This morning, I had a really great chat with Adrian Camara of Paper. He shared some great insights about the importance of hustle, momentum, and velocity in business. In my time working as an Entrepreneur Advisor with Innovate Calgary and interacting with startups and the entrepreneurial ecosystem, I have learned that the one key ingredient to a successful startup is hustle. A great startup is constantly engaging customers and validating ideas as fast as possible.
Cash is King, so Start Earning It
Hustle is important because startups only have so much cash available. Moving too slow delays earning revenue, meaning the venture either runs out of cash and implodes, or must go out and find more cash. In the latter case, many companies spends more and more resources searching for cash rather than running the business and making sales. These companies sometimes enter a slow death spiral, where their focus is no longer building product, marketing to customers, and earning revenue, but rather finding investors, doing pitches, and trying to close deals. This happens more times than one may think. Richard Leblanc, founder and CEO of eXDee, told me to “never be in the money-raising-business; remember to be in the business-business”.
Establish your Brand to Fight Off Competitors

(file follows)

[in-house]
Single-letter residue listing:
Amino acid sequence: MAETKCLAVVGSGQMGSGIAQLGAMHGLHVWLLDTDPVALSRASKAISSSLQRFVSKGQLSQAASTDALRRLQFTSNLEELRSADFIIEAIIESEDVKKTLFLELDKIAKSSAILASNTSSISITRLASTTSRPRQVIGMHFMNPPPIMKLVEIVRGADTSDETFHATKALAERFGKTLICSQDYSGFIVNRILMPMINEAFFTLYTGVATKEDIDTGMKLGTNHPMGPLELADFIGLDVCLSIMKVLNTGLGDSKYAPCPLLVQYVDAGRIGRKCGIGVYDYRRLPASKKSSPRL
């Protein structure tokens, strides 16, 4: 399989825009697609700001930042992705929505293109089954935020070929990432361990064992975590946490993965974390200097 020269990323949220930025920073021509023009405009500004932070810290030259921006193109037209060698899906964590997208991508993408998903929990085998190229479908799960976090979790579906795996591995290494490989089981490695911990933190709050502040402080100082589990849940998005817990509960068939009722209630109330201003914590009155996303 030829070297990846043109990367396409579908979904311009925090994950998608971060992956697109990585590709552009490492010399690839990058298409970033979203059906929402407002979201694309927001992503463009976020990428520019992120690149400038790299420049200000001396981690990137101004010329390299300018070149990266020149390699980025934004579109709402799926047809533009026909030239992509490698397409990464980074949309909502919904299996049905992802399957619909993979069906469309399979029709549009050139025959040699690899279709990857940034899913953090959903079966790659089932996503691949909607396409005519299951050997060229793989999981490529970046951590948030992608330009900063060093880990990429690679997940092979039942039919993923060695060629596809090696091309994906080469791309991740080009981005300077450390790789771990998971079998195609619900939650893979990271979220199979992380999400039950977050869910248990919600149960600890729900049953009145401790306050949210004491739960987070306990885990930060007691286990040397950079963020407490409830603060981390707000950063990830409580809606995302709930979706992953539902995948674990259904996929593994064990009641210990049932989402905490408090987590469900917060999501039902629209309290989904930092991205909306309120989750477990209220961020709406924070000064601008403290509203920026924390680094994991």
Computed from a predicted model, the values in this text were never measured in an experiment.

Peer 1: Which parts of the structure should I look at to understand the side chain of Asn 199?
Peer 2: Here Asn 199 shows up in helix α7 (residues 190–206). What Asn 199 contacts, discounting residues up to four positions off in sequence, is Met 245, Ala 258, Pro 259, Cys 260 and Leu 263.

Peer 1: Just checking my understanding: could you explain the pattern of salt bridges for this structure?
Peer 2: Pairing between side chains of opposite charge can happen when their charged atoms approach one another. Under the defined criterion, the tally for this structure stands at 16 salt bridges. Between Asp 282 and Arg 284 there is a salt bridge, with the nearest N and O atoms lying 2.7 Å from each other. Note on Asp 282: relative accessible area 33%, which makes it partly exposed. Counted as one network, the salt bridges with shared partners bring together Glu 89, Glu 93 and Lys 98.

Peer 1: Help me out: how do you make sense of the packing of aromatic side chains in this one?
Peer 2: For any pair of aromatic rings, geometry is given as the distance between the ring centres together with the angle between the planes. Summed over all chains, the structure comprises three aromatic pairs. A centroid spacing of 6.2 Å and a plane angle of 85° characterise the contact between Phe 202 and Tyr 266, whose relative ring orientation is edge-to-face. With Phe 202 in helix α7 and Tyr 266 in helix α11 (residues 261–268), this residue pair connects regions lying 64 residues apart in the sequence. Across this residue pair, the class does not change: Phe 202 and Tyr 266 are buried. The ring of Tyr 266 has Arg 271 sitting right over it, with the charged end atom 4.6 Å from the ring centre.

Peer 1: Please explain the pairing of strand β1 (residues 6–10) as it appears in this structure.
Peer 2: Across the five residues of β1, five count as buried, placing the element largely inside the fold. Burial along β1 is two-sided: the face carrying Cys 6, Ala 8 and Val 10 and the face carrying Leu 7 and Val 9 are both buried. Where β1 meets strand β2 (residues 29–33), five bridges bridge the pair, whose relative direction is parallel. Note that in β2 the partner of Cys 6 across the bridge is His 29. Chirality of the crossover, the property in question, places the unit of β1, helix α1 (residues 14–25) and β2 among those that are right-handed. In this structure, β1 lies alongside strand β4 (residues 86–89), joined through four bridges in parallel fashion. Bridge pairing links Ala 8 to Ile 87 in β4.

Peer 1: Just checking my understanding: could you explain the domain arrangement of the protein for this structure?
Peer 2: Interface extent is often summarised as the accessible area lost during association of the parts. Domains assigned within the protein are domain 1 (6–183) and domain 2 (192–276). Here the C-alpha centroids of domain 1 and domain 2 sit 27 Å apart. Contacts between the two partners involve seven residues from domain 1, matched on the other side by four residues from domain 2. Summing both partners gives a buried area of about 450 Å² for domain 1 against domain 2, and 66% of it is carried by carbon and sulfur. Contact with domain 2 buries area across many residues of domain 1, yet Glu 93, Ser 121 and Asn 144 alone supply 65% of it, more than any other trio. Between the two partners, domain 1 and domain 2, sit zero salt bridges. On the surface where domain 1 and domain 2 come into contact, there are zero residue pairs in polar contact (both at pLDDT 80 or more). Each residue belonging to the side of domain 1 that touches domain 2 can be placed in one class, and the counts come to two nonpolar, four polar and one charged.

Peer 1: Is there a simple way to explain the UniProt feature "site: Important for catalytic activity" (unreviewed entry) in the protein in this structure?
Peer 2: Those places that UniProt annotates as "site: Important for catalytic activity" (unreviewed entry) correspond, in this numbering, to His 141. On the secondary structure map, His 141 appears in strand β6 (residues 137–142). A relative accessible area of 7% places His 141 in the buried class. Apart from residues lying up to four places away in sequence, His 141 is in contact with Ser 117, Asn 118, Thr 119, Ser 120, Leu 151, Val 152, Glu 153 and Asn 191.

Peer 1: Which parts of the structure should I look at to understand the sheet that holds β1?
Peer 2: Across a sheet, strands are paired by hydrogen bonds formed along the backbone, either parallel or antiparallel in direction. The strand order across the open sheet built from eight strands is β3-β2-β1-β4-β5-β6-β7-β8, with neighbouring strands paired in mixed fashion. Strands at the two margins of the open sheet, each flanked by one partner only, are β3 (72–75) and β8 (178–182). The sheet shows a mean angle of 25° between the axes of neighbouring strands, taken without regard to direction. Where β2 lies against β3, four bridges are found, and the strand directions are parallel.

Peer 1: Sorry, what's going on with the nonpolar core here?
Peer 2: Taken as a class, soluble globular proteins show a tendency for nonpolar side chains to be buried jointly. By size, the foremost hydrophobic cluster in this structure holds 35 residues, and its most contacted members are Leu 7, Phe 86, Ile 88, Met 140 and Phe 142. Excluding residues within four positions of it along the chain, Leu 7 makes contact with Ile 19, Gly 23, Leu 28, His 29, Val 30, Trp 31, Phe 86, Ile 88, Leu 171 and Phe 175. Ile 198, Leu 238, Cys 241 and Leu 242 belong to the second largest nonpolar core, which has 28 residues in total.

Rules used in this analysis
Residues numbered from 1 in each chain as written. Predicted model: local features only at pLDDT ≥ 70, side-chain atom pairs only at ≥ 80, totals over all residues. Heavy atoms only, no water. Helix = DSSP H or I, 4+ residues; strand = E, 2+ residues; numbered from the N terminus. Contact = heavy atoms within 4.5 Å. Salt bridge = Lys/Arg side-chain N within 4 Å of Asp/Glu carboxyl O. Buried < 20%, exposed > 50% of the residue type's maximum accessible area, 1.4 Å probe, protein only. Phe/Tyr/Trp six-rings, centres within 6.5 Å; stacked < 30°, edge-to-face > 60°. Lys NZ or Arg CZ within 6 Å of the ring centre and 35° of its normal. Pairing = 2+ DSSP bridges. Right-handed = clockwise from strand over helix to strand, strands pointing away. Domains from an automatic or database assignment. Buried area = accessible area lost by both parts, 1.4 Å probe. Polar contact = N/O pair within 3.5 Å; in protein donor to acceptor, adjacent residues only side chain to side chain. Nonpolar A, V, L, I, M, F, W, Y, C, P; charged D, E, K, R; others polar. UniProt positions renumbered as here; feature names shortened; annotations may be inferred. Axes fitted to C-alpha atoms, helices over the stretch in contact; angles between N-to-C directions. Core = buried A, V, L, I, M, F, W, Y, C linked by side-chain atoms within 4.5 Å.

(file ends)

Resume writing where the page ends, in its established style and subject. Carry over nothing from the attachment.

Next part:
Another reason why startups should hustle is due to speed of the market. Business and competition moves lightning quick in today’s world. For companies to create any real success, they need to establish themselves and their brand firmly and quickly. The only way to do that is to get a product that addresses customer pain into the market, followed by growing the brand through marketing activities and successful customer transactions. As the value and awareness of the brand grows and establishes its position in the market, the more difficult it becomes for competitors to displace it.
So many startups will feel energized as they consider themselves a force that disrupts the established players in the market. Most forget that, right behind them, there is another group of startups looking disrupt them. This is not such an issue for startups based on proprietary knowledge with significant intellectual property or other barriers to entry. These barriers will prevent, or at least significantly delay, competitors from entering the battle. However many startups are creating business models on value propositions that are difficult to protect, aside from brand strength. If you are one of these startups, moving quickly to establish and scale your brand is a crucial defensive tactic. Moving too slowly gives competitors opportunity to leapfrog you.
Hustle and maintaining a sense of urgency in a startup is an important, but often challenging, factor to achievement. Engaging customers and making sales is not an enjoyable activity for many people, particularly code-monkeys like myself who really enjoy building and experimenting with technology. However, for any business to succeed, it must earn revenue. For a startup that is building a new product with an unproven business model with limited resources, the best way to succeed is to talk to customers and iterate your product as quick as possible. The sooner a startup achieves validated product/market fit, the more it is to succeed.